Stickney, The Railroad Problem. The greatest sensation of the
year is this great book on the railway problem by a railway
president. Cloth edition has 14 illustrative diagrams $.50 $2.00
Hamlin Garland. Mr. Garland is one of the brilliant writer of
our times, and his pan speaks eloquently in behalf of the toiling
masses. The following are some of his best works:
"Jason Edwards," Treating of Farm and Factory, $ .50 $1.25
'Main Travelled Road,' Six short stories, 50 125
'A Member of the Third House." The lobby in politics, 50 1.25
Ignatius Donnelly, Caesers Column, The book of the century. .50 . i.zd
"Dr. Huguet," Southern story with moral, : 50 l.ta
Opie P. Read. Among American humorists Mr Read stands at
the head, and "as a little humor now and then, is relished by
the best of men" we add two of his books to our list. They s
are clean and pure, and are worthy of a place ia every library.
. "A Kentucky Colonel," 50 1.25
"Emmet Bonlore." A newspaper man, 50 1.25
Copley Square Series, Comprising the following four excellent
"Bond Holders and Bread Winners," King 25
"Money, Land and Transportation," three essays 25
"Industrial Freedom," Four articles irom noted autnors x
"PcQii n TViq Ranlropa ViMlm " Rlnnrl 25
Esau, or The Bankers Victim," Bland 2o
Miscellaneous and special.
"Whither are we Drifting," Willey, 50
"The Farmers' Side," Senator Peffer of Kansas,
"The Coming Climax," Hubbard, 50
"The Great Red Dragon," Woolfolk, 50
"Looking Backward," Bellamy, 50
"A Financial Catechism," Brice .50
"A Tramp in Society," Cowdtry 50
"Pizarro and John Sherman," Mrs. Todd 25
"Money Monopoly," Baker..: 25
"Labor and Capital," Kellogg 20
"'In Office," Bogy 25
"Ten Men of Money Island", Norton .10
" " " " " German edition 10
"Geld, Schilling," German edition 10
"Seven Financial Conspiracies," Emery 10
Songs and Music.
"Songs of the People." Gibson. Words only 10
"Songs of the People," Published in sheet music.
send for catalogue and prices. They are number one.
"Labor and Alliance Songster," words only 10
" " " " Music edition 20
" " " " " " " " b'd covers. .25
"Sonsrs of Industry," Howe 25
Parliamentary Guides
"Cushing's" Manual paper .25 cloth .50
"Smith's" Diagram and Rules 50
"Roberts" Rules of Order 75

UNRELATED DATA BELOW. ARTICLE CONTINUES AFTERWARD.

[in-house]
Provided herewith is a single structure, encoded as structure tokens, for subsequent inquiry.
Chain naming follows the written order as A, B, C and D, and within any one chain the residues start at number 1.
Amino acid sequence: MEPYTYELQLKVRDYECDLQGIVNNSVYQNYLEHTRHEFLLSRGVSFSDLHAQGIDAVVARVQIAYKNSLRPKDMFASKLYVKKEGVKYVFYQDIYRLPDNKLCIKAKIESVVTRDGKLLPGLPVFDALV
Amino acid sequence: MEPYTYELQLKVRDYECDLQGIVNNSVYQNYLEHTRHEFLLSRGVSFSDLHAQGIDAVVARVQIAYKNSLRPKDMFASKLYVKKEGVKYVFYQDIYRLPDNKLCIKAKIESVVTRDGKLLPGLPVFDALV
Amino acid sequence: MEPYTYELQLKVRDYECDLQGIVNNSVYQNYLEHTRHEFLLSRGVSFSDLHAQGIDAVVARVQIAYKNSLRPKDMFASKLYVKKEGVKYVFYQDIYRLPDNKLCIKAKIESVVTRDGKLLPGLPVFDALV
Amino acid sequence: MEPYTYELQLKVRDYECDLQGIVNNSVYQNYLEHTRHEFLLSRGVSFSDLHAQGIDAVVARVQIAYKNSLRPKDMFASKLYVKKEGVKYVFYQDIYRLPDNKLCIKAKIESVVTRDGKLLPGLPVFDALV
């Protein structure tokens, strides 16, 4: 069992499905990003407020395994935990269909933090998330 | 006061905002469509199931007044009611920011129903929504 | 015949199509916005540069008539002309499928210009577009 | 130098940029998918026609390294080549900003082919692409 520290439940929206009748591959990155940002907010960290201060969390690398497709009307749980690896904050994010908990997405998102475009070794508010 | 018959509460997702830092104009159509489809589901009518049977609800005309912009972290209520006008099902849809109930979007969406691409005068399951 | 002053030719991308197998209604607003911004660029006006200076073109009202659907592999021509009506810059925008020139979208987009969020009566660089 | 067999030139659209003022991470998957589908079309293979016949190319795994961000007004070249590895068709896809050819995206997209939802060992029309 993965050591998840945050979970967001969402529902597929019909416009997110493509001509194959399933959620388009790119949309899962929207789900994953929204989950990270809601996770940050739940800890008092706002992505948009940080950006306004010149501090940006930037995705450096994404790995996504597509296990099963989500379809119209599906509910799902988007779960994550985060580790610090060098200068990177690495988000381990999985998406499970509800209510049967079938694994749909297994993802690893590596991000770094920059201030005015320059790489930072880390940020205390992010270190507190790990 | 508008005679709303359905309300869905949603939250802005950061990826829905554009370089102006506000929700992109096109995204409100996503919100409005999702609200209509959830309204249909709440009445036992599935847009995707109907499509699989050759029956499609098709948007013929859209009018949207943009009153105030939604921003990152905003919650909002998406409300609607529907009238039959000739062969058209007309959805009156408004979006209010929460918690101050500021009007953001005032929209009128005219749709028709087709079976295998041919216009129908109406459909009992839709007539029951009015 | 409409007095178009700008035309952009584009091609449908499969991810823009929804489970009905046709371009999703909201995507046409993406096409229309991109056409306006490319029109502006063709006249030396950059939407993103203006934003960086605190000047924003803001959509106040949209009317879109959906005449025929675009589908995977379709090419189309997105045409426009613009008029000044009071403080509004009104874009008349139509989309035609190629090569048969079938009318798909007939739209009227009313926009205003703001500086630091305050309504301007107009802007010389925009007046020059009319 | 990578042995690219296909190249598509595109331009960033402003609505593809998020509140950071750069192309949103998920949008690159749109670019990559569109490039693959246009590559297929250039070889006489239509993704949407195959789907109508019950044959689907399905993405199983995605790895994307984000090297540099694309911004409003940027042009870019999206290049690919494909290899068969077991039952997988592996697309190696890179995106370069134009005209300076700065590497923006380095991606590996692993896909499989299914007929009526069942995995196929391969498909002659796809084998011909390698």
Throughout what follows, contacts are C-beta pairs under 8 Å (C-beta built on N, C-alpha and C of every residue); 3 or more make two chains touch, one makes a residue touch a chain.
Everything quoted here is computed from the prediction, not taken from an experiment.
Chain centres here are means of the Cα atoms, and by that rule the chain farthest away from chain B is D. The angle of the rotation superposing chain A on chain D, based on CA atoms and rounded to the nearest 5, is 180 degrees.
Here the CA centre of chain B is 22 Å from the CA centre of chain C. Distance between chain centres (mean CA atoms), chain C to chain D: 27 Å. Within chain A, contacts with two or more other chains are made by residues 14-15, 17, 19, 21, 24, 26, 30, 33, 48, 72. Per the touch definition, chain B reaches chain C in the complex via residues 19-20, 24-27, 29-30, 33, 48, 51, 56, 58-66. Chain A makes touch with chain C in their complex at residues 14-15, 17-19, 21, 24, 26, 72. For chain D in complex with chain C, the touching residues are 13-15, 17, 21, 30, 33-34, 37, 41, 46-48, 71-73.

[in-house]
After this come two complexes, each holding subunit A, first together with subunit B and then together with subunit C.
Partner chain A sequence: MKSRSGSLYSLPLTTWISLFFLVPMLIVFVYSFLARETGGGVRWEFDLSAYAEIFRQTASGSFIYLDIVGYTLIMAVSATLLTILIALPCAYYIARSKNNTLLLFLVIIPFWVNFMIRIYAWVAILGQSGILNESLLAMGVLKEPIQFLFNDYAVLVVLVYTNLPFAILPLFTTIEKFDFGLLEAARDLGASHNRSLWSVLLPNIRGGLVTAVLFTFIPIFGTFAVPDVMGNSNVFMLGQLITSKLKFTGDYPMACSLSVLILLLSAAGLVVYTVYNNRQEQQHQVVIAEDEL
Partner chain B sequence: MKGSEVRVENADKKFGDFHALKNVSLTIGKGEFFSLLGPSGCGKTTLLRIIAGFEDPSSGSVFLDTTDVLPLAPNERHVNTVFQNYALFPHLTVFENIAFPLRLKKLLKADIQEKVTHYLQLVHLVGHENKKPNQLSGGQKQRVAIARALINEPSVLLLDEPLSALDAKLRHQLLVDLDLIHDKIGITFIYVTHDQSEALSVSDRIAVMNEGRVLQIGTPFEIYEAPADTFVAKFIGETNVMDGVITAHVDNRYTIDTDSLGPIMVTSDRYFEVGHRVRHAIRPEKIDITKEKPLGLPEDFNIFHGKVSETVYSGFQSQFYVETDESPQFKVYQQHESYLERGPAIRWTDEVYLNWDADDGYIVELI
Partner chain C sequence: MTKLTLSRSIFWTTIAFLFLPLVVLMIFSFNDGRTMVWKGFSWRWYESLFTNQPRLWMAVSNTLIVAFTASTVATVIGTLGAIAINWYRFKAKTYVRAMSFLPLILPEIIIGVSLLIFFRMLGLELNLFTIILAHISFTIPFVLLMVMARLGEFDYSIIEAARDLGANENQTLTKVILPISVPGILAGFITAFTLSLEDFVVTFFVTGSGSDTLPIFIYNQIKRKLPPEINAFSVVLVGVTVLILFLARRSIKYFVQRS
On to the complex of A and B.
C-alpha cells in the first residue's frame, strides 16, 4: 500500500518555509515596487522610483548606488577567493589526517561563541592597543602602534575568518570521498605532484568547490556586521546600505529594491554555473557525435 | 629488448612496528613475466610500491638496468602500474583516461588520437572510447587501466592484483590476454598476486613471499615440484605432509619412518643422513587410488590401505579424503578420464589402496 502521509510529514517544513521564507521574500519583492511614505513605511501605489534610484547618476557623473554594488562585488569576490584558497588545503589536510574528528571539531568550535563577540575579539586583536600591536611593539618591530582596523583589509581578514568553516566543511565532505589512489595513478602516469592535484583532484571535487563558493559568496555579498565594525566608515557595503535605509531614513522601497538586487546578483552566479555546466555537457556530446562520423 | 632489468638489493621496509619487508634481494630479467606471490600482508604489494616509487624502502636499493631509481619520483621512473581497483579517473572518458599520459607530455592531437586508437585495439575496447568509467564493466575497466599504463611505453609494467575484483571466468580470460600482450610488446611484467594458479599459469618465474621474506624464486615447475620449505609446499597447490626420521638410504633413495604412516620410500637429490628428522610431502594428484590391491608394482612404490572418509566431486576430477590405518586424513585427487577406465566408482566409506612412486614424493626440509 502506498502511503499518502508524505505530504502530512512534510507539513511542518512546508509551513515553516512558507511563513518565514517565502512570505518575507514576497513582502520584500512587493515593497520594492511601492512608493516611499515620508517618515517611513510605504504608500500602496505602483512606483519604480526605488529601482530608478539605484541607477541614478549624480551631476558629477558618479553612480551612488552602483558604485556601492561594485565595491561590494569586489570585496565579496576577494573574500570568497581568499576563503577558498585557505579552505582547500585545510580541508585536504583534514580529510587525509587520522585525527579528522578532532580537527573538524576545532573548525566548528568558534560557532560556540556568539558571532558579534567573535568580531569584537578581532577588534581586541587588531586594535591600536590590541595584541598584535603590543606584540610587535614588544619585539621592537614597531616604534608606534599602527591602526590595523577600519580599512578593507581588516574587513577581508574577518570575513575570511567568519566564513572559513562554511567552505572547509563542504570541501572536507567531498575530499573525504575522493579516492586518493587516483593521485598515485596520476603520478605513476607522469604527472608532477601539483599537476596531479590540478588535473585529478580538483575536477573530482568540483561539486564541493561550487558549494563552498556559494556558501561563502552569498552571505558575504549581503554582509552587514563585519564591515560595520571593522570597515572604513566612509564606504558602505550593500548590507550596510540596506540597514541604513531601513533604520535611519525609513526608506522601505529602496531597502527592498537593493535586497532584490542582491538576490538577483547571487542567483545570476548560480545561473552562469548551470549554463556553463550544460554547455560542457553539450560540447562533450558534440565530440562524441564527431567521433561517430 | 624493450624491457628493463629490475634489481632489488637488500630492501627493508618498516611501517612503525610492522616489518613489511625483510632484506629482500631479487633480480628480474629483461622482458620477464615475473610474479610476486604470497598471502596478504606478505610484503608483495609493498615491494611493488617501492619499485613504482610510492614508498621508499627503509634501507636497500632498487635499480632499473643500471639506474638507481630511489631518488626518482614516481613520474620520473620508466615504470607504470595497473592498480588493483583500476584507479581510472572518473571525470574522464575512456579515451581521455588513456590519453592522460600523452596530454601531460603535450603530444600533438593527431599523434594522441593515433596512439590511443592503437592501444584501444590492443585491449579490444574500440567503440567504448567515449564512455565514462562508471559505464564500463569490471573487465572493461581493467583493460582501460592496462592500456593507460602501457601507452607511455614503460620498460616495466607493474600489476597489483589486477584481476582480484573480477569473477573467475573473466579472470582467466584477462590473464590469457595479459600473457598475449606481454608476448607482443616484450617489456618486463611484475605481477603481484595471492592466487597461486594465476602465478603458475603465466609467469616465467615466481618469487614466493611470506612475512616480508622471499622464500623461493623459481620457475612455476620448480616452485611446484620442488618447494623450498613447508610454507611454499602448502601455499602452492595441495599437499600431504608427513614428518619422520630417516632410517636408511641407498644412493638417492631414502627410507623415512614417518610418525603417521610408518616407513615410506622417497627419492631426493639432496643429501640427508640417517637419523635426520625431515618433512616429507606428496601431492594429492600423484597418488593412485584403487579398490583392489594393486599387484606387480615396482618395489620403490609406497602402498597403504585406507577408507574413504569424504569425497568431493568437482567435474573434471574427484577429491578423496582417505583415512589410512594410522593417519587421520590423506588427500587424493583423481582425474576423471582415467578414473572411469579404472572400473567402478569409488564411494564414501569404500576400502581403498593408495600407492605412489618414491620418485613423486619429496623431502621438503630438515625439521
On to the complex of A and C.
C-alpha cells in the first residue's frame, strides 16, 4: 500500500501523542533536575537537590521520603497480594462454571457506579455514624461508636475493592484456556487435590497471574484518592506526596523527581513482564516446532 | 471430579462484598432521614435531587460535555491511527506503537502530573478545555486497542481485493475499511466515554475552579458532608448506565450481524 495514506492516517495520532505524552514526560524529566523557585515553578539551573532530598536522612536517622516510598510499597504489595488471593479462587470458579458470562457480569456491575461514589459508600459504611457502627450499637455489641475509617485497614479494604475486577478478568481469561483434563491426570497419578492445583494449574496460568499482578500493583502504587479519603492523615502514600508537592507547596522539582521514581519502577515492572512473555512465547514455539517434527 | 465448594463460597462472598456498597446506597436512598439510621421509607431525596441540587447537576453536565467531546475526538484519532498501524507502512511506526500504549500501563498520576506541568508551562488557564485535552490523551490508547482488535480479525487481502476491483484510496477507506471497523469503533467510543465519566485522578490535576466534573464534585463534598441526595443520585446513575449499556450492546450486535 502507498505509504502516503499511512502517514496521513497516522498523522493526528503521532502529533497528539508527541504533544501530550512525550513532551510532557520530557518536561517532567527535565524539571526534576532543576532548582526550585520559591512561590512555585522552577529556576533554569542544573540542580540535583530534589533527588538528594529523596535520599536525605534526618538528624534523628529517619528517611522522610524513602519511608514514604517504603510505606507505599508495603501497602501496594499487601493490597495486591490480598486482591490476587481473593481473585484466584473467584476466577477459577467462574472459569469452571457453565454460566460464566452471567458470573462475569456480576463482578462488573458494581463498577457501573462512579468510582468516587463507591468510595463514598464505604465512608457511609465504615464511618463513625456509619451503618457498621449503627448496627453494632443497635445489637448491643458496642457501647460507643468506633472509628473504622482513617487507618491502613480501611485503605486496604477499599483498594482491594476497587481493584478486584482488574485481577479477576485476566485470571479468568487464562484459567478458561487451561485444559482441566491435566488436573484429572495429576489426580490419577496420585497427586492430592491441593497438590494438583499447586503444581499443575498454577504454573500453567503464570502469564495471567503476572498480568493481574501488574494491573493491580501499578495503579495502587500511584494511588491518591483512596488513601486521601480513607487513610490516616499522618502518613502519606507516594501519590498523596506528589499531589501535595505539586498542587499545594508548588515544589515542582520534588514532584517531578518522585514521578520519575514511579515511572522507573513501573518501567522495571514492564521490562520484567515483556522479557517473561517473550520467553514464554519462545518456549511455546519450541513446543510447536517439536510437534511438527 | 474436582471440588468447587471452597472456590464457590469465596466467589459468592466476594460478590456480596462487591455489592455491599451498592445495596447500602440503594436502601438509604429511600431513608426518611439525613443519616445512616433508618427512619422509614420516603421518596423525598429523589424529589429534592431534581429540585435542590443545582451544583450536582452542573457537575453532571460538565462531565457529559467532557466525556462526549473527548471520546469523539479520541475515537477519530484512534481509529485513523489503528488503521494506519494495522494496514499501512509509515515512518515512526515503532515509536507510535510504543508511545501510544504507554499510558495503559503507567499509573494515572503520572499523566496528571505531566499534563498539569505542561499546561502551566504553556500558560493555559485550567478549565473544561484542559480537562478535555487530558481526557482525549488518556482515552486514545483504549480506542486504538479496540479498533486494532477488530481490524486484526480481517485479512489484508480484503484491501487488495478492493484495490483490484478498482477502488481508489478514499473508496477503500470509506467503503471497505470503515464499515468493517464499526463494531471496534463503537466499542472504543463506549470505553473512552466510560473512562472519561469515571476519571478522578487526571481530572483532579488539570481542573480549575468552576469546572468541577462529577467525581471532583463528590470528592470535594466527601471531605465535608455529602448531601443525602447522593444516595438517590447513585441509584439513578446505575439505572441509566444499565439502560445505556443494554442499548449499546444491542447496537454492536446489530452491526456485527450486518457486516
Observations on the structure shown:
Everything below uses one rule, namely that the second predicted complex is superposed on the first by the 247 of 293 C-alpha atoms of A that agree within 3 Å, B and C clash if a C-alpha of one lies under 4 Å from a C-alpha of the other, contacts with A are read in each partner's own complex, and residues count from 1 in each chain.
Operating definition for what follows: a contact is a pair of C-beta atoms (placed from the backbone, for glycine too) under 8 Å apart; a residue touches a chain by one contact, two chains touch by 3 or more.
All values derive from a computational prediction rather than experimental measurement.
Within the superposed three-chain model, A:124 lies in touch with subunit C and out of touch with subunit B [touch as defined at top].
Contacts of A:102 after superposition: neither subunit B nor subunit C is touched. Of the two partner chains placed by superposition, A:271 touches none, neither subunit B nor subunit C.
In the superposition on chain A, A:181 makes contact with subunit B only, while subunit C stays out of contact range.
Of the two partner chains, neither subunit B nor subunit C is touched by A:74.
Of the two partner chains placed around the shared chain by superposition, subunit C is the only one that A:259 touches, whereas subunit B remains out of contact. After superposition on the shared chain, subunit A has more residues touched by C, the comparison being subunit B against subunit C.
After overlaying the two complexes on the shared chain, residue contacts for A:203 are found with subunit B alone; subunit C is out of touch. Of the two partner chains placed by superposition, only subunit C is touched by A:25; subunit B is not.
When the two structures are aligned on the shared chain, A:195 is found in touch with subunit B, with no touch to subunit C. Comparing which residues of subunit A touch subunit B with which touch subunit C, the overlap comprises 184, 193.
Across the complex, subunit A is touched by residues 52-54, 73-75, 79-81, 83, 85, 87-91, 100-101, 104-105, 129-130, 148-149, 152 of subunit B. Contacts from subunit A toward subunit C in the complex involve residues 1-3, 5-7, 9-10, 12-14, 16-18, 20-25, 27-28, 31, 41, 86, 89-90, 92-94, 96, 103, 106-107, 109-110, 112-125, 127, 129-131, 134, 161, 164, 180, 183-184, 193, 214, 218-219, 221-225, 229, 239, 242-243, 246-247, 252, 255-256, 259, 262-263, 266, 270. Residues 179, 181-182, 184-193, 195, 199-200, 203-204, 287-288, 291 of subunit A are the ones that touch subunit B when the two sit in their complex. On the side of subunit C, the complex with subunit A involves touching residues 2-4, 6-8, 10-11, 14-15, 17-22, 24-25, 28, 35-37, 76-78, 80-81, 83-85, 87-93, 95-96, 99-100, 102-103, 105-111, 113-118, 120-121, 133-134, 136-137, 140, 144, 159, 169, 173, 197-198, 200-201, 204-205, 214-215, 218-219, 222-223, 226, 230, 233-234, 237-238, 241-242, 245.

Any book on this list sent post paid on receipt of price. Liberal discounts
to Alliances or clubs wishing to purchase a library.
We are offering the Alliance-Independent one year, and any 50c book
on the list for only $1.35. Address.
Alliance Publishing Co,
Lincoln, Nebr.,
per doz.
by ex
(( 14
Trees, Plants, Ornamental Trees, Shrubs Evergreens.
Large Stock of Best Old and New sorts of Strawberry Plants.
Forest Trees for Claims) at Low Prices. Write for SPECIAL prices on large orders,
tablished in 1882. Send for price list to NORTH BEM) NUKMKK1 K8,
North Bend. Dodge County, Nebraska.
Have You Read
"Sights and scenes in Colorado?"
"Sights and scenes in Idaho and
" Sigts and scenes in Utah?"
" Sights 'and scenes in California?"
"Sights and scenes in Oregon and
" Sights and -scenes in Alaska?
This is a set of six books, beautifully
illustrated, full ofrtory and legend as
well as valuable infoamation for the
tourist, published by the Passenger De
partment of the Union Pacific system.
Sent free on application and the receipt
of 2c for each book to cover postage.
J. T. Mastin, C. T. A., 1044 O St.
E. B. SLOSSON, Gen. Agt ,
Lincoln. Neb.
n l, Nnrum stru-k Seed and Seed To-
tatoes. Fine opening for a few pushing men at
food wages. Apply quick, stating age. -
.. I MAT aCO.. w-seryman, Florist and
St f aul,
ig Dark, Sallow
This Bleach removes all discoloratiocs and
irnDUrities from ihe skin, nnnh an FronlrleB
Moth Patches, Sunburn, SallowneeB, Flesh
worms, and. Pimples where they are diseases
of the skin, as they often are.
For Sals by all First-Class Druggists,
Prlcafl.50 pe BoBIt